Write-Host "        Set-ADUser -Identity `$Transaction.ObjectGUID -Replace @{ countryCode = $CountryCode } -ErrorAction Stop"
    Write-Host "        Set-ADUser -Identity `$Transaction.ObjectGUID -Replace @{ co = '$FreeForm' } -ErrorAction Stop"
    Write-Host "        Set-ADUser -Identity `$Transaction.ObjectGUID -Replace @{ c = '$TwoLetter' } -ErrorAction Stop"
    Write-Host "    }"
}
Write-Host "    Default { Write-Error `"`$(`$Transaction.NewValue) was not recognized as a country.`" }"
Write-Host "}"

When I ran the above script, it printed out all the code for my massive switch block, so that all I had to do was copy the text out of the Powershell window, and paste it into the middle of the script I was working on.  It came out looking like this:

Switch ($Transaction.NewValue.ToUpper().Trim()) #E.g. 'USA' or  'BEL'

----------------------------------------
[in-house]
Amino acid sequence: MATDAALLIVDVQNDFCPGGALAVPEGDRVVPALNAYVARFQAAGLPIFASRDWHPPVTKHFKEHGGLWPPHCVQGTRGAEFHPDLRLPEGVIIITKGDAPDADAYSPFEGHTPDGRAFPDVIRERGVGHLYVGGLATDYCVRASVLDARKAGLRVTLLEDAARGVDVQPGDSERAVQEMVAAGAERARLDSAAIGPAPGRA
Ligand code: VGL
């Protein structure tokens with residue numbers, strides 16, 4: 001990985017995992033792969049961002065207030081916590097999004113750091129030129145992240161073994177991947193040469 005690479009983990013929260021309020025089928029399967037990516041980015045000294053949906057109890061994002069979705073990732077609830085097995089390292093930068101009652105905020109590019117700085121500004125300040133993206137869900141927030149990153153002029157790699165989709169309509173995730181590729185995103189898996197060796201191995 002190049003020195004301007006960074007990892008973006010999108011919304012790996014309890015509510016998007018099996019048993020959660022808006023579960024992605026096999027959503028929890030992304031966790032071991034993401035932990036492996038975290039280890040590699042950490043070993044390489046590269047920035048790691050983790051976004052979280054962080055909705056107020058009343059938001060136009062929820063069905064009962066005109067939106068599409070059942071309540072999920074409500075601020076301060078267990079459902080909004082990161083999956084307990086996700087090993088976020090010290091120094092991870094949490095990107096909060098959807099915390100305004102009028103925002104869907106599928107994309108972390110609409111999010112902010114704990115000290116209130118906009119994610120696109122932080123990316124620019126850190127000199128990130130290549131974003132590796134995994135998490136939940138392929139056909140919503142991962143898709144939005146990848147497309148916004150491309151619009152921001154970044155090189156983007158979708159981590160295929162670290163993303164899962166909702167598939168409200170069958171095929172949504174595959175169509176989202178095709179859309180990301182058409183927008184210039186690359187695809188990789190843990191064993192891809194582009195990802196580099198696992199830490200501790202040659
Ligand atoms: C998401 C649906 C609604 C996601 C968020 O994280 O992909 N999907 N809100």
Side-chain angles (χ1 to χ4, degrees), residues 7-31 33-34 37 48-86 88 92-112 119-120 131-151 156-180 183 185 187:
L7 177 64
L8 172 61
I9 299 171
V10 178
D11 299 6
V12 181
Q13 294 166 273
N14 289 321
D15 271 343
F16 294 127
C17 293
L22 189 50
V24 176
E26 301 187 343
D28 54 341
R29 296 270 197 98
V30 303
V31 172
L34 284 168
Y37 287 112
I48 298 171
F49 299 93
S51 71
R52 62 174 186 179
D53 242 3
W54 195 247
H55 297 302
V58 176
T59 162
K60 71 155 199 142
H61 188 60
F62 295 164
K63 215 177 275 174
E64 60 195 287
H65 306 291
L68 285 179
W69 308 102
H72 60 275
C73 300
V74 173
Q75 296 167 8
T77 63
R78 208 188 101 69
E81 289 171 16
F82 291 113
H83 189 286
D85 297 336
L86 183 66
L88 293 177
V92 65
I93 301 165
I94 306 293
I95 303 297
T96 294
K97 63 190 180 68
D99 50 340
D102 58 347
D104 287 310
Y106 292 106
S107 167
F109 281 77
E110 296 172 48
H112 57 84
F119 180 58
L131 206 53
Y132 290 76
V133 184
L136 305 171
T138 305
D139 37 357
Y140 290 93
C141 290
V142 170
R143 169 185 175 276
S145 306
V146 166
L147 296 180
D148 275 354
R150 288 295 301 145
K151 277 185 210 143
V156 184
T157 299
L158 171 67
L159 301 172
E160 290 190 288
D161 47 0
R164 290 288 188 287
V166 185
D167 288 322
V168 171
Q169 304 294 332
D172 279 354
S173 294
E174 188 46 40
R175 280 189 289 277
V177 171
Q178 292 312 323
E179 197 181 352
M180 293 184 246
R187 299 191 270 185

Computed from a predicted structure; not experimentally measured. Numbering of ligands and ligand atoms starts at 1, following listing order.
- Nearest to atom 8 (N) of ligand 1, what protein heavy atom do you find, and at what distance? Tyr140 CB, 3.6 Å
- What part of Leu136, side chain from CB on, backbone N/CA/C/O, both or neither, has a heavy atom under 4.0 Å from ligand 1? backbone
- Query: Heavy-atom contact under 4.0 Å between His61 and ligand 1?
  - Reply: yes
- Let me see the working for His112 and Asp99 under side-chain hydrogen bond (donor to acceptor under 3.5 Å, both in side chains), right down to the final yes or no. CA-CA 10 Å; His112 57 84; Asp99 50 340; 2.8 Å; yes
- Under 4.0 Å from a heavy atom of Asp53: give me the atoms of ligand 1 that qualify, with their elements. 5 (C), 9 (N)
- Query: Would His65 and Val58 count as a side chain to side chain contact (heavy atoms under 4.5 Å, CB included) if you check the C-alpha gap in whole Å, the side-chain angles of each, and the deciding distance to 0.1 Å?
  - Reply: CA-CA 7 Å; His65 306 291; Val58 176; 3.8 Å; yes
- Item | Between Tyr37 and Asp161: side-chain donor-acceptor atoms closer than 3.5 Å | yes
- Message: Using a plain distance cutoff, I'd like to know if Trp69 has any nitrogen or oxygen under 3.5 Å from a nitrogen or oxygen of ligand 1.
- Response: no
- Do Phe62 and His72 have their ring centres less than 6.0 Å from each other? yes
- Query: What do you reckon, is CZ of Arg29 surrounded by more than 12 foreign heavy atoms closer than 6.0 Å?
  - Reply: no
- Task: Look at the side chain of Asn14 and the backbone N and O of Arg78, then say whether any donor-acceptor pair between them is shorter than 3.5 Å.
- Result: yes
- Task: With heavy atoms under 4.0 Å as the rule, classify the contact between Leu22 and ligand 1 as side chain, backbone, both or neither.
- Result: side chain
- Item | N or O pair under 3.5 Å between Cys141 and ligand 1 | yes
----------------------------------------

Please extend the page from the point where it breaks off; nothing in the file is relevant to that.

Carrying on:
{
    'ALA'
    {
        Set-ADUser -Identity $Transaction.ObjectGUID -Replace @{ countryCode = 248 } -ErrorAction Stop
        Set-ADUser -Identity $Transaction.ObjectGUID -Replace @{ co = 'AALAND ISLANDS' } -ErrorAction Stop
        Set-ADUser -Identity $Transaction.ObjectGUID -Replace @{ c = 'AX' } -ErrorAction Stop
    }
    #
    # ... 238 more countries ...
    #
    'ZWE'
    {
        Set-ADUser -Identity $Transaction.ObjectGUID -Replace @{ countryCode = 716 } -ErrorAction Stop
        Set-ADUser -Identity $Transaction.ObjectGUID -Replace @{ co = 'ZIMBABWE' } -ErrorAction Stop
        Set-ADUser -Identity $Transaction.ObjectGUID -Replace @{ c = 'ZW' } -ErrorAction Stop
    }
    Default { Write-Error "$($Transaction.NewValue) was not recognized as a country." }
}

And there we have it.  Now I don't have any employees from Burkina Faso, but it's nice to know that I'd be able to classify them if I did.  Now with all the time I saved myself from having to type all that out by hand, I figured I'd write a blog entry about it.

SharpTLSScan v1.1

The v1.0 post is here.

A few minor improvements.